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Update: Micro-Captive Transaction Disclosures

June 10, 2022

In a March 21, 2022 decision, the US District Court vacated IRS Notice 2016-66 that identified certain micro-captive transactions as "Transactions of Interest." For the past five years, Notice 2016-66 required disclosure on Form 8886, Reportable Transaction Disclosure Statement, by taxpayers involved in micro-captive transactions or other substantially similar arrangements.

The case, CIC Services LLC v. IRS[1], followed another IRS loss, holding that the IRS must abide by the notice and comment procedures of the Administrative Procedures Act (APA) when identifying disclosable transactions.[2] In addition to vacating the notice under the APA, the court also ordered the IRS to return all documents delivered pursuant to the notice. 

More Recent Developments

The IRS did not exercise its right to appeal the decision to vacate Notice 2016-66. However, the IRS successfully motioned the District Court's order to avoid returning all documents to taxpayers. The order in favor of the IRS was limited to returning documents and did not reverse the previous decision to vacate Notice 2016-66.

Now that the IRS' appeal rights have lapsed, we believe Notice 2016-66 disclosure requirements are no longer enforceable. Because the IRS did not exercise its right to appeal the CIC decision, we believe that the provisions of the APA may have the effect of entirely vacating Notice 2016-66 from the IRS' enforcement arsenal. Generally, this nationwide effect potentially arises from Section 706 of the APA, which grants a reviewing court the authority to set aside agency action that, in general, is arbitrary and capricious or otherwise not in accordance with the law.

MarksNelson Observations

During CIC's litigation process, the Supreme Court ruled that the IRS may not claim immunity from an injunction from enforcement of notices requiring disclosure under the Anti-Injunction Act. As a result, the IRS is defending several APA lawsuits on various fronts. We believe the IRS likely chose to forgo an appeal of CIC because a failed appeal would likely create a significant challenge to the IRS' ability to utilize disclosure rules and other regulatory tools in the context of more abusive and opaque transactions.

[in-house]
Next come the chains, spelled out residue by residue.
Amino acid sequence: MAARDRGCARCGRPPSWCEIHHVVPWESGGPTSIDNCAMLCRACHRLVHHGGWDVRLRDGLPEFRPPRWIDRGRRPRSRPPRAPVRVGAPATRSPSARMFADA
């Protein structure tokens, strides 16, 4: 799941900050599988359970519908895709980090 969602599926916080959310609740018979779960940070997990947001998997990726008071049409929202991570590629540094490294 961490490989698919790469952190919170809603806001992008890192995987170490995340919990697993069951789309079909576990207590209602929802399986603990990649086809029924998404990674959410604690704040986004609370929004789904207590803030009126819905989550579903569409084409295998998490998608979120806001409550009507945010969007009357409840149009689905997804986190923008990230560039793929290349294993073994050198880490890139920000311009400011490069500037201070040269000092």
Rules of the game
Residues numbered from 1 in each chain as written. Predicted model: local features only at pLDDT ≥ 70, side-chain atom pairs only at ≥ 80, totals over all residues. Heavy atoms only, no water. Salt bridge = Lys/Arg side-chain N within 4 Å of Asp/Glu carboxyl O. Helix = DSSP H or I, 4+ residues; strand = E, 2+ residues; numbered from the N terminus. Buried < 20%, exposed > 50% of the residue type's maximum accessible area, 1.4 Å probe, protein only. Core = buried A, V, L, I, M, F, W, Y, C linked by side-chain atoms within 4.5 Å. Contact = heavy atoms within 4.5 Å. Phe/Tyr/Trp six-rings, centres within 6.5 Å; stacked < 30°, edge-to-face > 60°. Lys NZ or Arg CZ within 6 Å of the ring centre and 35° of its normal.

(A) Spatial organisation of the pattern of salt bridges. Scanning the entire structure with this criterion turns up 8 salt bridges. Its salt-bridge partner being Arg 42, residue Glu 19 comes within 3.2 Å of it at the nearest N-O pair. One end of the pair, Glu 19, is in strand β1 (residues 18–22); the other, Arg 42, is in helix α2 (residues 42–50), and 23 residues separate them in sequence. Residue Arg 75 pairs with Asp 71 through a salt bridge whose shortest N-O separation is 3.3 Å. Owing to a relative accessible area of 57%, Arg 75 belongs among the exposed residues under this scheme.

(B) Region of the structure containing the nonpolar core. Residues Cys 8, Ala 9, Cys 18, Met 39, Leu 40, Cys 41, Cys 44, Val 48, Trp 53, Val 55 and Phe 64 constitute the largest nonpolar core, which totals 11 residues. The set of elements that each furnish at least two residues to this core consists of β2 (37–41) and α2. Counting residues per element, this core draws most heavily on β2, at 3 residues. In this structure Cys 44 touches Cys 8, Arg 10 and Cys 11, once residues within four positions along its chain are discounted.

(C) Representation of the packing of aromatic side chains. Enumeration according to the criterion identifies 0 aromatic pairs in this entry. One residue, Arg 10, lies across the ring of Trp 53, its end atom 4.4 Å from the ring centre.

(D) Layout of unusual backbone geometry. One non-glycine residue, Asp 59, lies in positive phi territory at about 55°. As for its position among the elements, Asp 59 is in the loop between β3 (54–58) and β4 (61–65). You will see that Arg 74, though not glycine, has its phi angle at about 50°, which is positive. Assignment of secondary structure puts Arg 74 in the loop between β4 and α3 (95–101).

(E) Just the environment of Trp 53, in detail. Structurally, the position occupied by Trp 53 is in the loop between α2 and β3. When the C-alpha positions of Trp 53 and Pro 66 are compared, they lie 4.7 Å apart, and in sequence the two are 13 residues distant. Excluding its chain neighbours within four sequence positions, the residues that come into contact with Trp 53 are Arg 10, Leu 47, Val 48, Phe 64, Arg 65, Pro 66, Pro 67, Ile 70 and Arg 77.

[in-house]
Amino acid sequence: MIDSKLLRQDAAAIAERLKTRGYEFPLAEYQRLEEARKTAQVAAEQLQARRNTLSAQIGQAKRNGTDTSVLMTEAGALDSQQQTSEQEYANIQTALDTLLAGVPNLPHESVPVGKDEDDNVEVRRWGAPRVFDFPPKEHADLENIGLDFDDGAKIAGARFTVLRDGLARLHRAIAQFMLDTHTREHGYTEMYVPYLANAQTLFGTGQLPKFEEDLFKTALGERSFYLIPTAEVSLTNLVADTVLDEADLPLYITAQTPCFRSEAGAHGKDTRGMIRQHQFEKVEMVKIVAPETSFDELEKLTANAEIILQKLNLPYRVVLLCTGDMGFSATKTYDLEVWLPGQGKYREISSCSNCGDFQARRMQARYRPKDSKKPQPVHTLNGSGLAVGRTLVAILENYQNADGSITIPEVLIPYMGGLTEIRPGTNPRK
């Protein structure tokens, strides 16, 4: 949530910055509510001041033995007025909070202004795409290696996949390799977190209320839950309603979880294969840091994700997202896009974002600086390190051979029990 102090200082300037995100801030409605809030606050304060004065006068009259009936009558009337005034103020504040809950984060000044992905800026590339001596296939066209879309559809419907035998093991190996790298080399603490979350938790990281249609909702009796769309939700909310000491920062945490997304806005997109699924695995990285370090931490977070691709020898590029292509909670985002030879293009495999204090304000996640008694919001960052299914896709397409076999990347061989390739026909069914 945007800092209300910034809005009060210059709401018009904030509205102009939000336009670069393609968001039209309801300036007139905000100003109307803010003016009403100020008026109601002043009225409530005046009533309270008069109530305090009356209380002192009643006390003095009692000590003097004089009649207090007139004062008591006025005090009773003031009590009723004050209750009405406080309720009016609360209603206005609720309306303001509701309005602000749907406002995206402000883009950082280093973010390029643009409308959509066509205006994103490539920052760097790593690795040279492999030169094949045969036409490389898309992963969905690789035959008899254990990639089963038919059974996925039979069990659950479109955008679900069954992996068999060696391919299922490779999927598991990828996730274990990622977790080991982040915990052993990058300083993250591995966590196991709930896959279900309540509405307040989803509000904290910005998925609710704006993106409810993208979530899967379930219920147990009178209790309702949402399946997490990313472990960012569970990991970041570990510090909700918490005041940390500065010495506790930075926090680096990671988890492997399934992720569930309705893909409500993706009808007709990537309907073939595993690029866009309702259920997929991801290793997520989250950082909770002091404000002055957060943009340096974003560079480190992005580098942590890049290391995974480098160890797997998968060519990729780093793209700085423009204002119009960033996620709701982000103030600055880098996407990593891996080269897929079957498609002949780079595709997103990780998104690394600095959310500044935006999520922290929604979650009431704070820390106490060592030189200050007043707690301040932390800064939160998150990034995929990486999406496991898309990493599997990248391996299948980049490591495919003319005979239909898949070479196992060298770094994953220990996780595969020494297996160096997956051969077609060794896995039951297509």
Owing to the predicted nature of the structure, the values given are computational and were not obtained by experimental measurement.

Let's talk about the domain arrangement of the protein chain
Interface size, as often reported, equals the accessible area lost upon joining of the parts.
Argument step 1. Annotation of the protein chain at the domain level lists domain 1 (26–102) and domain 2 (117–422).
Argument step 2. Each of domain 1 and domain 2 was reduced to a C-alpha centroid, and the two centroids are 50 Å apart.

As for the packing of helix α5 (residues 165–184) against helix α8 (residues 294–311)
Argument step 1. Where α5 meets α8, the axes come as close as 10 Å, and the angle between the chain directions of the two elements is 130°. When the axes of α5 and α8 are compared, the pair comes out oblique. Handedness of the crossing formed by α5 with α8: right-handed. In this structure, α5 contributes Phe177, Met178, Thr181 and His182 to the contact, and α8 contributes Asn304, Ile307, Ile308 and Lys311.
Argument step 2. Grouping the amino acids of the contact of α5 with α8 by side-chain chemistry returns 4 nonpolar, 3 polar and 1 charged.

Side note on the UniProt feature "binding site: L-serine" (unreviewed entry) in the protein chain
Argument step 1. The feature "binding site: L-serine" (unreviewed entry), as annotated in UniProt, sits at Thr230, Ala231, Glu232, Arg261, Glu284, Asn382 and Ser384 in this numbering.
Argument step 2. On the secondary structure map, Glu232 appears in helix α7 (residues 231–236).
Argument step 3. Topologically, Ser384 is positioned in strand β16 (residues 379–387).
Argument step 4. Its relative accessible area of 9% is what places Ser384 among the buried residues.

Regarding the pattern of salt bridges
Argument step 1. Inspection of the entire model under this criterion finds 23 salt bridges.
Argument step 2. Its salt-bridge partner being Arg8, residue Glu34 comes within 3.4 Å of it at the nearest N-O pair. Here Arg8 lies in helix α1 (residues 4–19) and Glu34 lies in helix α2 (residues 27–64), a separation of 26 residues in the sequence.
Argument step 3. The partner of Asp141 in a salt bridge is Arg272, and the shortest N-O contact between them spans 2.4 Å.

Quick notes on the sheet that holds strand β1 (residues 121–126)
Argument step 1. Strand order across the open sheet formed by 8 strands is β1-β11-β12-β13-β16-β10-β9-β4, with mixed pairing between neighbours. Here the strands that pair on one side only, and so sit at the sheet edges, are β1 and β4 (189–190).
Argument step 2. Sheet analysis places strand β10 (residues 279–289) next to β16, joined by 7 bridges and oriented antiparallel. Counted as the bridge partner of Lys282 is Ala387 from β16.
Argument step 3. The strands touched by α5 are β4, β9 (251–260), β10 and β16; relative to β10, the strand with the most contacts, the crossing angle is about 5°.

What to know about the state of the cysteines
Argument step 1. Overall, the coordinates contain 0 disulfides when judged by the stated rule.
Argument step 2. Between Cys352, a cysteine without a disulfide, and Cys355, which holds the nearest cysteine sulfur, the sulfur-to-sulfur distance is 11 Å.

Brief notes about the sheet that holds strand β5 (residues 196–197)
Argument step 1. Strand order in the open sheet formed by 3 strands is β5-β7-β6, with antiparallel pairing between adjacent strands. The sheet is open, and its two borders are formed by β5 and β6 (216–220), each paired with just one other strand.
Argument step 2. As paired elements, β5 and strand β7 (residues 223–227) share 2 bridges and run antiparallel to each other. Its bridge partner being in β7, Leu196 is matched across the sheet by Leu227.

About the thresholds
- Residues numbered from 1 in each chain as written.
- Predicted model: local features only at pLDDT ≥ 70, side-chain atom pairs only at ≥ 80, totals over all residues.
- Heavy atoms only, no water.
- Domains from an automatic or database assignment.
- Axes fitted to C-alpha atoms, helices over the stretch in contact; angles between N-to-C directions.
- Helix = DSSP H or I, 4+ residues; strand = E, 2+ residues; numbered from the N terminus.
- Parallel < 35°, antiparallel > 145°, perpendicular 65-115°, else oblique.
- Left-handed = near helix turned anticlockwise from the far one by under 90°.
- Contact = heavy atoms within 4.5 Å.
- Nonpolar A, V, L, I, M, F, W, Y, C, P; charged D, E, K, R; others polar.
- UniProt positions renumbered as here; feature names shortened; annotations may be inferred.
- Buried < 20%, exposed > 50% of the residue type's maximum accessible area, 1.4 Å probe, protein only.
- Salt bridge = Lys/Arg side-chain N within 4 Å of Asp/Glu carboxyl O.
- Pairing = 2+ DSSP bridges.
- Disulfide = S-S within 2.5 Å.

Additionally, because of the IRS' current backlog on its Priority Guidance Plan, additional regulatory guidance is not likely imminent. In light of the nationwide litigation, reissuance of a notice similar to Notice 2016-66 will most likely come only after a notice and comment period in compliance with the APA.

What This Means For You

If you have participated in a micro-captive transaction or a substantially similar transaction, as defined in Notice 2016-66, you may not be required to file Form 8886.

MarksNelson will not require initial disclosure filings for the 2021 tax year. However, as some participants may have already filed tax returns with the disclosure statement, we will continue to disclose for the 2021 tax year in an effort to minimize potential penalty exposure for all participants. Beginning with the 2022 tax year MarksNelson does not anticipate disclosing participants in a transaction of interest under IRS Notice 2016-66. We will continue to monitor for any additional notices that may require disclosure and provide subsequent updates as needed.


[1] CIC Services, LLC v. IRS, No. 3:17-cv-110 (E.D. Tenn. March 21, 2022)

[2] Mann Construction, Inc. v. United States, No 21-1500, WL 619822 (6th Cir. 2022)

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